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Diacylglycerol kinase zeta regulates Ras activation by a novel mechanism.

Topham MK, Prescott SM - J. Cell Biol. (2001)

Bottom Line: Coimmunoprecipitation of DGK zeta and RasGRP was enhanced in the presence of phorbol esters, which are DAG analogues that cannot be metabolized by DGKs, suggesting that DAG signaling can induce their interaction.Finally, overexpression of kinase-dead DGK zeta in Jurkat cells prolonged Ras activation after ligation of the T cell receptor.Thus, we have identified a novel way to regulate Ras activation: through DGK zeta, which controls local accumulation of DAG that would otherwise activate RasGRP.

View Article: PubMed Central - PubMed

Affiliation: The Huntsman Cancer Institute and Department of Internal Medicine, University of Utah, Salt Lake City, Utah 84112, USA.

ABSTRACT
Guanine nucleotide exchange factors (GEFs) activate Ras by facilitating its GTP binding. Ras guanyl nucleotide-releasing protein (GRP) was recently identified as a Ras GEF that has a diacylglycerol (DAG)-binding C1 domain. Its exchange factor activity is regulated by local availability of signaling DAG. DAG kinases (DGKs) metabolize DAG by converting it to phosphatidic acid. Because they can attenuate local accumulation of signaling DAG, DGKs may regulate RasGRP activity and, consequently, activation of Ras. DGK zeta, but not other DGKs, completely eliminated Ras activation induced by RasGRP, and DGK activity was required for this mechanism. DGK zeta also coimmunoprecipitated and colocalized with RasGRP, indicating that these proteins associate in a signaling complex. Coimmunoprecipitation of DGK zeta and RasGRP was enhanced in the presence of phorbol esters, which are DAG analogues that cannot be metabolized by DGKs, suggesting that DAG signaling can induce their interaction. Finally, overexpression of kinase-dead DGK zeta in Jurkat cells prolonged Ras activation after ligation of the T cell receptor. Thus, we have identified a novel way to regulate Ras activation: through DGK zeta, which controls local accumulation of DAG that would otherwise activate RasGRP.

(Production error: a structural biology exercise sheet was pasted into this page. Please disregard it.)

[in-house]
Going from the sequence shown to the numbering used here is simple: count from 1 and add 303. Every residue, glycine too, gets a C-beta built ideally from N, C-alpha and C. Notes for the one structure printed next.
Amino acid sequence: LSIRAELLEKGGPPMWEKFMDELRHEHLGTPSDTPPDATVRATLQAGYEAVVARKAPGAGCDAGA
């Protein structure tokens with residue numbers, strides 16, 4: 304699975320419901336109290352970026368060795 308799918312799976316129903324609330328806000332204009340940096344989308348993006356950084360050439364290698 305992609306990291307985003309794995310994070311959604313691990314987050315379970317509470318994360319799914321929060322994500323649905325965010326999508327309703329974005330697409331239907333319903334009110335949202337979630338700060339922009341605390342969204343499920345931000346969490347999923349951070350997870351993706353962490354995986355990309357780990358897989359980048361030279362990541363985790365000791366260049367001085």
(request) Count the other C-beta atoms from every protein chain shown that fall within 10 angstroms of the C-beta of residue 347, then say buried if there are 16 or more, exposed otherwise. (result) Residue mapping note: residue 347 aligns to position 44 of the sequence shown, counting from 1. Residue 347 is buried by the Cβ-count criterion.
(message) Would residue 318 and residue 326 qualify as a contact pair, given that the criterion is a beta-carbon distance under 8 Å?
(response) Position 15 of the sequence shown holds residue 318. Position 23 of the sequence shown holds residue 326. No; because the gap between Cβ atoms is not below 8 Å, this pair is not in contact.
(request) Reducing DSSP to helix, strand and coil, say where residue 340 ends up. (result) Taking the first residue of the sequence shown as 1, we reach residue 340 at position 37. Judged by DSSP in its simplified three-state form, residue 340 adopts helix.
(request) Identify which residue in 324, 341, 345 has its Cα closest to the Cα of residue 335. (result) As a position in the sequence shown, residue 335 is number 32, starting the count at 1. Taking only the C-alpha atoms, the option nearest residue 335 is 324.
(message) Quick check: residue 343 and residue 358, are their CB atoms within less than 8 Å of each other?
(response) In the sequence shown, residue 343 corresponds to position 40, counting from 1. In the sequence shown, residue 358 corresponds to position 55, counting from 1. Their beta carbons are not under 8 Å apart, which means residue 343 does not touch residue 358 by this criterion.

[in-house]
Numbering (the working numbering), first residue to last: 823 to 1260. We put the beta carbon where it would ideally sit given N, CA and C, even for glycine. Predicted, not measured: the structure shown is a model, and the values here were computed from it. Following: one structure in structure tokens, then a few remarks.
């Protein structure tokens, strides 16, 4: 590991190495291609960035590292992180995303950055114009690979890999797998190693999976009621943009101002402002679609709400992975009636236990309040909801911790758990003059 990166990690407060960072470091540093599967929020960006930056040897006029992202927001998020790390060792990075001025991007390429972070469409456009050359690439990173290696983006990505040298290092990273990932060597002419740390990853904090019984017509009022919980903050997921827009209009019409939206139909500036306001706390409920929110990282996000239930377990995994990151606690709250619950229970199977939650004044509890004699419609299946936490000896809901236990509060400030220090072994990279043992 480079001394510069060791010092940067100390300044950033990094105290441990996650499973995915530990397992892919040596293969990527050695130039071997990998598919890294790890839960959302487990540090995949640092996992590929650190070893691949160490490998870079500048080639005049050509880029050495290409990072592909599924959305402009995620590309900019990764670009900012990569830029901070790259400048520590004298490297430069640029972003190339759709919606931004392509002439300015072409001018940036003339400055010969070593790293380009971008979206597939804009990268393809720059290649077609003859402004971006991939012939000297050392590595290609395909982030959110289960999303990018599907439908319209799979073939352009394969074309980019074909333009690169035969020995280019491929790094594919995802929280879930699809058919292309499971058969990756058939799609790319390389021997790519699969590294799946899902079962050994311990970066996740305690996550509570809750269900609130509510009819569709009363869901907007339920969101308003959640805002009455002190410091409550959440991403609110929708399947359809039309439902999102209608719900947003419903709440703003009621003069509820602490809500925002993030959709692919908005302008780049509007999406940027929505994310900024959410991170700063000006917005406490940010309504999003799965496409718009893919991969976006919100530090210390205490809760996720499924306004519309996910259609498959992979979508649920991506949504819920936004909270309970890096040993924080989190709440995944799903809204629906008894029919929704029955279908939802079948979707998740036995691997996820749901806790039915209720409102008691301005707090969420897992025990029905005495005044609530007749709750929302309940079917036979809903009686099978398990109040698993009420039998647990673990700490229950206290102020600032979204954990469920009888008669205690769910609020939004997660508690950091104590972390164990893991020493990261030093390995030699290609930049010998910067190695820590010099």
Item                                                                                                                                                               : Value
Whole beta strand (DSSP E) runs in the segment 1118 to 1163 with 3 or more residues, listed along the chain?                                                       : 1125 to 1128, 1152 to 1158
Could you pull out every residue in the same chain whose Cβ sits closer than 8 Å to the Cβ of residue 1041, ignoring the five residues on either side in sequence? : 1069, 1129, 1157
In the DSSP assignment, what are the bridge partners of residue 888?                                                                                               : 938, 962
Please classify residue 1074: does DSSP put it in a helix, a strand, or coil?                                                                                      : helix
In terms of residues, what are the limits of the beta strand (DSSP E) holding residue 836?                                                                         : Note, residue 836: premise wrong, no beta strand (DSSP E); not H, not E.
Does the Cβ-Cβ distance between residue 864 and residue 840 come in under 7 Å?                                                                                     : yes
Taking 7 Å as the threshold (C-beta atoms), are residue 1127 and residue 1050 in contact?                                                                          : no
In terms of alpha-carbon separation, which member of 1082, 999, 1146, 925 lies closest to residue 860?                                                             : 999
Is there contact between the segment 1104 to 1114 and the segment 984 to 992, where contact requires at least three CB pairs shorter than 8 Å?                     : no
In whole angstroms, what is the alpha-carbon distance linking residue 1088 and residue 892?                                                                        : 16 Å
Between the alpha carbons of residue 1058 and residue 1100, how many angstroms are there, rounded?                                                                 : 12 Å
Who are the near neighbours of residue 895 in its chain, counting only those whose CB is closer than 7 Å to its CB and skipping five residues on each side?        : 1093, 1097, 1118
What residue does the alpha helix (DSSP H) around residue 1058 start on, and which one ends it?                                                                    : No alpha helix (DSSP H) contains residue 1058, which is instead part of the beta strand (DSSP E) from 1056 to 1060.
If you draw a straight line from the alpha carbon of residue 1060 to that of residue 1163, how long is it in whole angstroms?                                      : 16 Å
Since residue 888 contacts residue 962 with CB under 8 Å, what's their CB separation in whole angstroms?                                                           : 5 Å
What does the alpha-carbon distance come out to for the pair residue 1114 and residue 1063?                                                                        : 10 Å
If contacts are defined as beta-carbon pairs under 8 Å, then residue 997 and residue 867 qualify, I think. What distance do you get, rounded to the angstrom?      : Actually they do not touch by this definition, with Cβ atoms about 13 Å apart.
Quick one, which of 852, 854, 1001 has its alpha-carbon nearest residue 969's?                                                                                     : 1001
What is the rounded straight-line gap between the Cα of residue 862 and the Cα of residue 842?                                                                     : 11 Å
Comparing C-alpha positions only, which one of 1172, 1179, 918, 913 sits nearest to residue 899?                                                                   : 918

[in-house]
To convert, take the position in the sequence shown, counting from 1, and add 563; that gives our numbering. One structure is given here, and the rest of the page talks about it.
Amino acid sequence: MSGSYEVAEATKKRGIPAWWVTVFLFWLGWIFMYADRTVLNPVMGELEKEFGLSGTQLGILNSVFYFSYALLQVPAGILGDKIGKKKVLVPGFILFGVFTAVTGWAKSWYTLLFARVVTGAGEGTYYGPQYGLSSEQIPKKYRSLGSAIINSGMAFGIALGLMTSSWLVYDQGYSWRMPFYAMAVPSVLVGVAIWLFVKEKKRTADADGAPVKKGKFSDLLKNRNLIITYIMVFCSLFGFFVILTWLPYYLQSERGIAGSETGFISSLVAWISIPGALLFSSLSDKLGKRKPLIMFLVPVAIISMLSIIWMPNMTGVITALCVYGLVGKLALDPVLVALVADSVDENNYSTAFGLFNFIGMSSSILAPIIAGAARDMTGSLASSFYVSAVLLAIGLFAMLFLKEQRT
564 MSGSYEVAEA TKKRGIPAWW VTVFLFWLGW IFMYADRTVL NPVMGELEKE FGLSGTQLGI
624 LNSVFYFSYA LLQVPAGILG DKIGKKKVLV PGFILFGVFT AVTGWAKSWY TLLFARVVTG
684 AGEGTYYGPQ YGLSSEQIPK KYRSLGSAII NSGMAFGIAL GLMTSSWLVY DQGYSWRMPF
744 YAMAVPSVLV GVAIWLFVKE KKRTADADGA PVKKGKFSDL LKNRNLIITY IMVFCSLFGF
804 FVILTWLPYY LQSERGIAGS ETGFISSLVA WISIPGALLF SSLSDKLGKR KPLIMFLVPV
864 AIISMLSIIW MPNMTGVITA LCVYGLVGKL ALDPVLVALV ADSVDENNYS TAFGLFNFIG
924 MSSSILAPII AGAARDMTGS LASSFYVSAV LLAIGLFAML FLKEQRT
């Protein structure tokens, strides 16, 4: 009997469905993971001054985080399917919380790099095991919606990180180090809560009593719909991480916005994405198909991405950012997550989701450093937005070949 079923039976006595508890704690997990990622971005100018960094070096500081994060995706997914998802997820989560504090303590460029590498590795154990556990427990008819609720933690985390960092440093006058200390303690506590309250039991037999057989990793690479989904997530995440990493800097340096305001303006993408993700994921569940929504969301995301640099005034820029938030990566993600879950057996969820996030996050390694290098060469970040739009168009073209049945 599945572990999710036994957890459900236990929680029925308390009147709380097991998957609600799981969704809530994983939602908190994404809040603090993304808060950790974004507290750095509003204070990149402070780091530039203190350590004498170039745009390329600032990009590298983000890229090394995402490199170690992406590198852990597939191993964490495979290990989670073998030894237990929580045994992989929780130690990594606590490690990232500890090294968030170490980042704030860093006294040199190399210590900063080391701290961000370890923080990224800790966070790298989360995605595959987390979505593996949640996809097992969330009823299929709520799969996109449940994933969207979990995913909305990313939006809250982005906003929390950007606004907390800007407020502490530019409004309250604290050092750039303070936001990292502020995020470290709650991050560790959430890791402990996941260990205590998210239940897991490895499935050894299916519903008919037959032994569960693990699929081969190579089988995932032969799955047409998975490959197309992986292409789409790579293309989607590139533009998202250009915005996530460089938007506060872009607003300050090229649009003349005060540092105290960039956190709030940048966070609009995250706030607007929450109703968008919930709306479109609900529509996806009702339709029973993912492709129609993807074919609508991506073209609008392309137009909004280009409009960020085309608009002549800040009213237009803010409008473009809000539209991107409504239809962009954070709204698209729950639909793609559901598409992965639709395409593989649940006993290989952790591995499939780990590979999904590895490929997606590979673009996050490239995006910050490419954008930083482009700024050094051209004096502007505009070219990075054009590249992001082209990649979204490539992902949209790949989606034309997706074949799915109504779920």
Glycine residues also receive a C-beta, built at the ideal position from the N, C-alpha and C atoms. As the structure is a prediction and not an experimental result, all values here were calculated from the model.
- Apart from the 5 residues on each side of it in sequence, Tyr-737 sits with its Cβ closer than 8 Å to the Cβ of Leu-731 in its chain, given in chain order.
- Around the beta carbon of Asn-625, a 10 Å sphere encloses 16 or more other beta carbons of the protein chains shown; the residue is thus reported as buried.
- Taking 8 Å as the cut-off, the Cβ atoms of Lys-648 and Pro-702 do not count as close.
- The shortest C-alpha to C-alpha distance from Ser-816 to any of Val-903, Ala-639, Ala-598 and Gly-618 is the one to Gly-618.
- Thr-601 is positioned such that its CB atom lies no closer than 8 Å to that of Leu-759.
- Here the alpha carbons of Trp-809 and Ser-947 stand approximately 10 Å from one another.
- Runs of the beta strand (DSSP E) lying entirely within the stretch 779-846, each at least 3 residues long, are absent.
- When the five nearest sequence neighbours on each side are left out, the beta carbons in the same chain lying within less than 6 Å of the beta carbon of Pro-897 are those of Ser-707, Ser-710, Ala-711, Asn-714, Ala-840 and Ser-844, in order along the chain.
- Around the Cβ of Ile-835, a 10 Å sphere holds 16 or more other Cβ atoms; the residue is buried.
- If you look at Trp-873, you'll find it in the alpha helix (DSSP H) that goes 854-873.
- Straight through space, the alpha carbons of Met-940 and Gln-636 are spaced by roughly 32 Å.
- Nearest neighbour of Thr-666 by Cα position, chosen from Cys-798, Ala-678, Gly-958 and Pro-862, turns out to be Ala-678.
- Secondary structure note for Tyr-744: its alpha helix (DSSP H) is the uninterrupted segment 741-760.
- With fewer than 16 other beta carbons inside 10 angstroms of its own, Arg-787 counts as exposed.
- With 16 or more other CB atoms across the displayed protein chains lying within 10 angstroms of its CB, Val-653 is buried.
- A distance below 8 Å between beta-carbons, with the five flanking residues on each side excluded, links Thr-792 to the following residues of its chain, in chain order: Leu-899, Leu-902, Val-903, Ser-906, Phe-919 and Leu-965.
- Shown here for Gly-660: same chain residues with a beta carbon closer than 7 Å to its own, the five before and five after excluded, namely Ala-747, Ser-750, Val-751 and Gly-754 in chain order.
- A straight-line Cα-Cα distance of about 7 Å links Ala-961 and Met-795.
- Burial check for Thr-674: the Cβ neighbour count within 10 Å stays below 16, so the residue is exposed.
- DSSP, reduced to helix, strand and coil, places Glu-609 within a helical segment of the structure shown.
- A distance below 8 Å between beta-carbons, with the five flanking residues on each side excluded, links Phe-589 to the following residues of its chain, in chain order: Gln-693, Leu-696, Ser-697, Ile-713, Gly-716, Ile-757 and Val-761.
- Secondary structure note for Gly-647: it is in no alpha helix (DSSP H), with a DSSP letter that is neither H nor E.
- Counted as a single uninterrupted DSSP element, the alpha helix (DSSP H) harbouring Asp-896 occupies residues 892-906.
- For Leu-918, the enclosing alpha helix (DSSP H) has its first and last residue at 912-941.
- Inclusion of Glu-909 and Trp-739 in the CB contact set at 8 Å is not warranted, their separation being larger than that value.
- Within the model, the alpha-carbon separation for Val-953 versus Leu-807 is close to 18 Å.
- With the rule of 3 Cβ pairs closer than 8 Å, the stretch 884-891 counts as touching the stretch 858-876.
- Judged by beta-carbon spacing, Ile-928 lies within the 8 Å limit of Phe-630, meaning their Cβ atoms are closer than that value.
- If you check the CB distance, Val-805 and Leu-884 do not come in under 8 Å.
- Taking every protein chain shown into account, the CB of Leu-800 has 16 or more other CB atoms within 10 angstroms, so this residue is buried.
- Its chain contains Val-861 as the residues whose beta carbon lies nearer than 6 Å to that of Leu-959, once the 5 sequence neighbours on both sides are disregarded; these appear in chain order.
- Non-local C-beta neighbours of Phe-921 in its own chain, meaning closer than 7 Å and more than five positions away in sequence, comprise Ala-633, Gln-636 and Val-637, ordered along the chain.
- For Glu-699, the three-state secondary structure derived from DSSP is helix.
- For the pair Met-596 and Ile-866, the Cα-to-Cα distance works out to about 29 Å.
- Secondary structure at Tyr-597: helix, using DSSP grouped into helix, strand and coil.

Show MeSH
Proposed mechanism for precise regulation of RasGRP activity. After TCR stimulation, PLCγ1 is activated and initiates DAG signaling. One protein activated by the DAG is RasGRP. DAG accumulation also recruits DGKζ to the RasGRP signaling complex, where it attenuates RasGRP activity by converting the DAG to PA.
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Figure 6: Proposed mechanism for precise regulation of RasGRP activity. After TCR stimulation, PLCγ1 is activated and initiates DAG signaling. One protein activated by the DAG is RasGRP. DAG accumulation also recruits DGKζ to the RasGRP signaling complex, where it attenuates RasGRP activity by converting the DAG to PA.